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Terms in this set (42)
¡Any activity of an organism that can be observed or measured.
Relatively permanent change in behavior which results from some kind of experience
Classical Conditioning (Pavlov)
behaviors that become associated with neutral stimuli
¡Food -> salivation
¡Bell: Food -> salivation
¡Bell -> salivation
¡Strengthening/weakening a behavior via consequences - typically voluntary behavior
¡Lever press -> Food pellet
¡Future effect: Likelihood of
lever pressing increases
Two Philosophers: Two approaches
Plato VS Aristole
knowledge is inborn: Nativist(nature) perspective assumes that a person's abilities and tendencies are largely present at birth
knowledge acquired through experience. (emphasized the importance of associations)
-Empiricist (nurture) perspective assumes that a person's ability and tendencies are learned
Aristotle's Laws of Association
Law of Similarity
Law of Contrast
Law of Contiguity
Law of Frequency
Law of Similarity:
similar events are associated together (parrots & penguins)
Law of Contrast:
¡events that are opposite are associated together (light & dark; life & death)
Law of Contiguity:
¡events in close proximity (in space, time) are associated (moon & stars; smoking & relaxation)
Law of frequency:
the more frequently things occur together, the more they are associated (peanut butter & jelly; smoking & relaxation)
¡Mind-body dualism: existence of both "free will" and "reflexes"
¡Non-human behavior entirely reflexive
¡All knowledge a function of experience
¡John Locke: infants are a "blank slate"
¡The mind is composed of basic elements
Edward B Titchener:
•determine structure of the mind by identifying the basic elements
accurately describing conscious experiences: thoughts, emotions and sensations
Which observation helped establish science of psychology?
Functionalism, derived from Darwin
assumes the mind evolved to help us adapt to the world around us
What part of psychology focuses on the study of adaptive processes and the the structure of the mind?
natural selection, evolutionary adaptation.
the individuals or species capable of adapting to environmental pressures are more likely to reproduce/pass along their adaptive characteristics
Natural Selection characteristics:
1. Traits vary within and between species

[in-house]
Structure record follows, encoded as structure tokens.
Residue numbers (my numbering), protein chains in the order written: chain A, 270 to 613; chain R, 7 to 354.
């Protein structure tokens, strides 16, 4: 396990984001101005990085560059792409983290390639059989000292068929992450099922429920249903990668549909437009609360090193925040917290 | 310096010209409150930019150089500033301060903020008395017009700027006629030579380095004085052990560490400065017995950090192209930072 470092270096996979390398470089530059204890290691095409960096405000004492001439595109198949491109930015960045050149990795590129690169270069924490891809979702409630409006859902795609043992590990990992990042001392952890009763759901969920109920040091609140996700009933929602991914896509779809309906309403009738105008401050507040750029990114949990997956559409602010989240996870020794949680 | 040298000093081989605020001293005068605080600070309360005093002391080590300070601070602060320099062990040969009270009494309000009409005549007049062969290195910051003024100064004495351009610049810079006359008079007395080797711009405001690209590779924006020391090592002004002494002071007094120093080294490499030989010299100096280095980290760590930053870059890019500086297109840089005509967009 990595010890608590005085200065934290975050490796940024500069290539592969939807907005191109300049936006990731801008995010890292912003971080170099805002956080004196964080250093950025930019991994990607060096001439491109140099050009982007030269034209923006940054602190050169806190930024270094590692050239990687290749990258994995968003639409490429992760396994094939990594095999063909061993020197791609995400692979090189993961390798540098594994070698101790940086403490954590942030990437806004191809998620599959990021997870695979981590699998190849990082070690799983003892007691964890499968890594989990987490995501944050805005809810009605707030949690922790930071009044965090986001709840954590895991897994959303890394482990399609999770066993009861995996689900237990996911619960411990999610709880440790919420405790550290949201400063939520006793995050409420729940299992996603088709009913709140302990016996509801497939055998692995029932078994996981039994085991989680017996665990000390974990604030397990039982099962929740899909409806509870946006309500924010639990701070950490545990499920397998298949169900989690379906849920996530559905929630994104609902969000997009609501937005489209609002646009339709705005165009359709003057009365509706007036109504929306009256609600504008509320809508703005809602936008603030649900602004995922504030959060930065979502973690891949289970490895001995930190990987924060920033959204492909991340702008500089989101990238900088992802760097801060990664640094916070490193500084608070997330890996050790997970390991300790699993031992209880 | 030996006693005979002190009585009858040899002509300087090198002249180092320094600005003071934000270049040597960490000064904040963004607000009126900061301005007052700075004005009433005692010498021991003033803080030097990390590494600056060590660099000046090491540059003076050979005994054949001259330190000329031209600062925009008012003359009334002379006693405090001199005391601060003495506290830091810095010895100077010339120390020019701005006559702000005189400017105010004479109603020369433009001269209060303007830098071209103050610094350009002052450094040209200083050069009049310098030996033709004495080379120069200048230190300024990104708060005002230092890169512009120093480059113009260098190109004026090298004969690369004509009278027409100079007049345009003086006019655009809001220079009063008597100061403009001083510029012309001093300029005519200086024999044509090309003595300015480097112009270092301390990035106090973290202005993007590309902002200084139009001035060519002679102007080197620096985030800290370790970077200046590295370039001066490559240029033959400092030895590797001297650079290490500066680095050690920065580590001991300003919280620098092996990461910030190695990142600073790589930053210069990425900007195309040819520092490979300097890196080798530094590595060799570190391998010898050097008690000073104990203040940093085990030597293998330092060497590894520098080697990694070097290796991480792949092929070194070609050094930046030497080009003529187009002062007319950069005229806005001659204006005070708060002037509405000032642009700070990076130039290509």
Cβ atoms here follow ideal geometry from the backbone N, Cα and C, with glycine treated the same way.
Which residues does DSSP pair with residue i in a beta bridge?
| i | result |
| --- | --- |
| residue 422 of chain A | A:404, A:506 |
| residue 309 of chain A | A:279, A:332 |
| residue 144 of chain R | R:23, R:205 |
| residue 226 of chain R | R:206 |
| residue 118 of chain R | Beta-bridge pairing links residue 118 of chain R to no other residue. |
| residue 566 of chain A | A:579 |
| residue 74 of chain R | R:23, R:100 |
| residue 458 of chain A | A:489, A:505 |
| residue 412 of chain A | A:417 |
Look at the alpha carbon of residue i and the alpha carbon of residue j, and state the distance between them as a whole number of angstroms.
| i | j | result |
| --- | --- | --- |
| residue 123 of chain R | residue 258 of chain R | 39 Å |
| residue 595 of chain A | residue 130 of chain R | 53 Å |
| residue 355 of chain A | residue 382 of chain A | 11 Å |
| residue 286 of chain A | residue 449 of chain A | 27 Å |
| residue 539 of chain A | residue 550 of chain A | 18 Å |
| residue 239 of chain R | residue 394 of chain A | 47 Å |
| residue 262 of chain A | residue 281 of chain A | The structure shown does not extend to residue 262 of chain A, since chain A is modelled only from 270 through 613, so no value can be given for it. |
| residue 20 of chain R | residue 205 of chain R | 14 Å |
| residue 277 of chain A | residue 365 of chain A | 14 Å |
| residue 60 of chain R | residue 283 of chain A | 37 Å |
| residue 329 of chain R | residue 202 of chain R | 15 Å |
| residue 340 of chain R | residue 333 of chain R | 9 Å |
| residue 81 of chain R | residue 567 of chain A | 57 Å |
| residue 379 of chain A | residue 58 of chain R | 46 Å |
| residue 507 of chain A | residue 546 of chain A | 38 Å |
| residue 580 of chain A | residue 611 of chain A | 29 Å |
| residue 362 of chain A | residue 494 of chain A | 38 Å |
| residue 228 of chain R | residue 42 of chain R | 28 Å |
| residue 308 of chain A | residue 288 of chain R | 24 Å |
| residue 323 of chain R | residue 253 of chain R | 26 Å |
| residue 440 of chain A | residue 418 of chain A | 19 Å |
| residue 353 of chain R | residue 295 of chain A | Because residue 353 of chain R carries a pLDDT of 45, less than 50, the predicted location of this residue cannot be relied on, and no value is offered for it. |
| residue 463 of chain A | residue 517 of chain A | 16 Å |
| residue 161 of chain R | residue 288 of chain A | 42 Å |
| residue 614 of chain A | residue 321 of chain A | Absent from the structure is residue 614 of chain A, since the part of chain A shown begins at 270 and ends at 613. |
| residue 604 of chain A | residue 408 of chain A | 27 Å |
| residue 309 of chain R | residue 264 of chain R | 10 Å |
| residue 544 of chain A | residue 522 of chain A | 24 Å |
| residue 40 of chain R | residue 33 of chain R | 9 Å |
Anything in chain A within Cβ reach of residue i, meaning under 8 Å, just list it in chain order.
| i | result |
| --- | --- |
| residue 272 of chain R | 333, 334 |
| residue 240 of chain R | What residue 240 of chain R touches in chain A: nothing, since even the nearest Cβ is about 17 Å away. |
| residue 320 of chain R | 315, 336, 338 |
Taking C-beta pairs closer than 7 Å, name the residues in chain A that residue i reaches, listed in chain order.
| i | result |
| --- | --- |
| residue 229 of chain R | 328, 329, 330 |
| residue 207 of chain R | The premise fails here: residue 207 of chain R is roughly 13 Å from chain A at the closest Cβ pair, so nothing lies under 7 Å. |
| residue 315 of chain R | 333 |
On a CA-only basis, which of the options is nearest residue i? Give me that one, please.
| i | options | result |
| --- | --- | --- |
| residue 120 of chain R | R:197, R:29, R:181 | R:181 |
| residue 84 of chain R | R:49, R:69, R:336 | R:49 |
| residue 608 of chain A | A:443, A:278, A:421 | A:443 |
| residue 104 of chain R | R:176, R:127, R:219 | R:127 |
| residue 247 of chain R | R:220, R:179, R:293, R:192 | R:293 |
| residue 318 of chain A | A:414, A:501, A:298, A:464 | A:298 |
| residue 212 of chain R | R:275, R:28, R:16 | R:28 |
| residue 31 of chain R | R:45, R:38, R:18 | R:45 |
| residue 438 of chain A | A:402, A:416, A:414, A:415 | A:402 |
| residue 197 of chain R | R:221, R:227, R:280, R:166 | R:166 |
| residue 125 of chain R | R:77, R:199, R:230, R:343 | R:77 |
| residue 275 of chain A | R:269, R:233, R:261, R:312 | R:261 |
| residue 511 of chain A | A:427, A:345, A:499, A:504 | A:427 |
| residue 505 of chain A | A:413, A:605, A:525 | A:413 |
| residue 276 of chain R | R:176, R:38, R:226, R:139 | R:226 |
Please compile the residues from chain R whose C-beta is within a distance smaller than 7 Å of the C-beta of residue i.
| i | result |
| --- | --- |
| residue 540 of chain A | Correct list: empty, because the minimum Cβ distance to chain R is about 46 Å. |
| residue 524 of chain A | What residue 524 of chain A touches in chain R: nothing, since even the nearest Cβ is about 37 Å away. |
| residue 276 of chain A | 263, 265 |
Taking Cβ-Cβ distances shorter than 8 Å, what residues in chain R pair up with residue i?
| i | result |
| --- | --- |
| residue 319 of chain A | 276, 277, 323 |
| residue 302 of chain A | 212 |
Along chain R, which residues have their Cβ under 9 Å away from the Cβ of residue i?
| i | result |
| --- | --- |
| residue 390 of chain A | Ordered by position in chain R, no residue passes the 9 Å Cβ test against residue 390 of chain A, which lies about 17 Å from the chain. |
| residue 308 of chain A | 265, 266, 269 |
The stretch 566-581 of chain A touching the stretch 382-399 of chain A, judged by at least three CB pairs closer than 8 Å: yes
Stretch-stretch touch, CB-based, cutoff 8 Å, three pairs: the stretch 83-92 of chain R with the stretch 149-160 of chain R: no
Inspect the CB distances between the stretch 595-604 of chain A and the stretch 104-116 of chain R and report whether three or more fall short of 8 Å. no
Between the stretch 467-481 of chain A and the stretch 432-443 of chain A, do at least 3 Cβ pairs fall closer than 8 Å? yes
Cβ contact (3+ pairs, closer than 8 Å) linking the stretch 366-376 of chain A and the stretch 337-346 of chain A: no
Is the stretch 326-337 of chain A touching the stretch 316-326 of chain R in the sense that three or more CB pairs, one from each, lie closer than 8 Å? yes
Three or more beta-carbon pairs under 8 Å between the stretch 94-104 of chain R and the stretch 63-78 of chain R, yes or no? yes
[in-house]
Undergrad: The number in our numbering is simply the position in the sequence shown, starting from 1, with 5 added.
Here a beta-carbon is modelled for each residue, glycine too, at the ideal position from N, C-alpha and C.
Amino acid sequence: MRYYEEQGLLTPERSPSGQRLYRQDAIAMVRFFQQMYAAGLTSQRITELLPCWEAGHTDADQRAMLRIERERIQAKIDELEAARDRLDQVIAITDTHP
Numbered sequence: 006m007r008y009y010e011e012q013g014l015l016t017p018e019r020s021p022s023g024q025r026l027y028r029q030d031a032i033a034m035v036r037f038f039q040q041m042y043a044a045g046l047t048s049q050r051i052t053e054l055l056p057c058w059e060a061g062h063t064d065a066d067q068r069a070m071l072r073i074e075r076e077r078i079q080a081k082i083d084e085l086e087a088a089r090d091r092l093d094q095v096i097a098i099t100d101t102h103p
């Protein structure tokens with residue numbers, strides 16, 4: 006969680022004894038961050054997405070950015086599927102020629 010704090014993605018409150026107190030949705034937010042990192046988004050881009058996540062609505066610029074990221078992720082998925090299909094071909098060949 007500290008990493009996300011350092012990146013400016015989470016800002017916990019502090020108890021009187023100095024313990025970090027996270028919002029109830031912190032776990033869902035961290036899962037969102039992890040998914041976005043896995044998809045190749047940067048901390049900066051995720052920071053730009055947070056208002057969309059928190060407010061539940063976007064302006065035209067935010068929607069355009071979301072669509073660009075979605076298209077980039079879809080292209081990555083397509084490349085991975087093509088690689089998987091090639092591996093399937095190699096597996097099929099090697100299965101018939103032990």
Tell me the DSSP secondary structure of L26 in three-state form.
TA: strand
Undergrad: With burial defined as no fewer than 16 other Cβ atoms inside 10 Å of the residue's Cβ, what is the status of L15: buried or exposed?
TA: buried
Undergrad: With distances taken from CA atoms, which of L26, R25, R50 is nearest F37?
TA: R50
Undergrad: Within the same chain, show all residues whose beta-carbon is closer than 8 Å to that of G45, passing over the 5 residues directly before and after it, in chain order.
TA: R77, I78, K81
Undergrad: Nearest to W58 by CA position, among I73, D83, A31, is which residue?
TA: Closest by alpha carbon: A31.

2. Many traits are heritable
3. Organisms must compete/cooperate for limited resources
trait that evolves as a result of natural selection.
behaviorism; believed: we are unable to directly observe another's person's thoughts and feelings. Must study behavior!
¡approach to psychology that focuses on the study of environmental influences on observable behavior
¡Makes psychology an "objective science"
¡Goal = prediction and control of behavior
¡No introspection of conscious thought; make use of animal models
Schools of behaviorism:
4. Social Learning Theory
Extreme, favored by Watson: who focused on observable behaviors.
Associated with Stimulus Response(SR)
theory- connection between stimulus and response
¡Challenge to Watson, via Clark L. Hull
¡Poor science to entirely reject unobservable events
¡Infer existence of internal events ("intervening variables"), as these might form a connection between environment and behavior
¡Also a Stimulus-response (S-R) theory
¡behavior is explained by intervening variables, mostly in hypothesized cognitive processes
Cognitive Behaviorism characteristics:
¡Edward Tolman argued for a focus on the big picture rather than focusing on individual pieces
¡Cognitive map- mental representation of spatial surroundings
¡Thought learning did not require a reward- "latent learning"
Social Learning Theory Behaviorism:
¡Focus on observational learning
¡Reciprocal determinism- environment, behaviors, and other "person variables" all influence each other
¡Contributed to development of Cognitive Behavior Therapy
¡Burrhus Frederick Skinner
¡Emphasizes influence of the environment on observable behaviors, rejects internal events as an explanation of behavior, and views thoughts and feelings as behaviors themselves.
Skinner saw 4 problems with the internal events as explanation (radical behaviorism)
¡No access to internal events, thus we must rely on subjective reports- this is unreliable
¡It is difficult to determine the relationship between thoughts, feelings, and behavior
¡We have no means of altering or controlling internal events
¡Using internal events as explanations often lead to "pseudo-explanations," ("I feel like going to the movies" is not a physical, bodily feeling)
Counter Control: (Radical Behaviorism)
when we understand how environment affects us, we can change environment to our benefit
¡Operant conditioning resembles evolutionary principle of natural selection in that: (Radical)
¡Adaptive (lead to reinforcers) behaviors increase in frequency
¡Non-adaptive (do not lead to reinforcers) decrease in frequency.
Skinner was willing to look at both nature and nurture.
¡grew out of Radical Behaviorism
¡Focus on operant conditioning
¡Dialectical Behavior Therapy for borderline personality disorder:
¡How do we increase the behaviors we want and decrease the behaviors we don't want?
¡What are the contingencies maintaining maladaptive behavior?
¡Self-harm -> emotional relief, social support, validation, etc.
¡Applied Behavior Analysis
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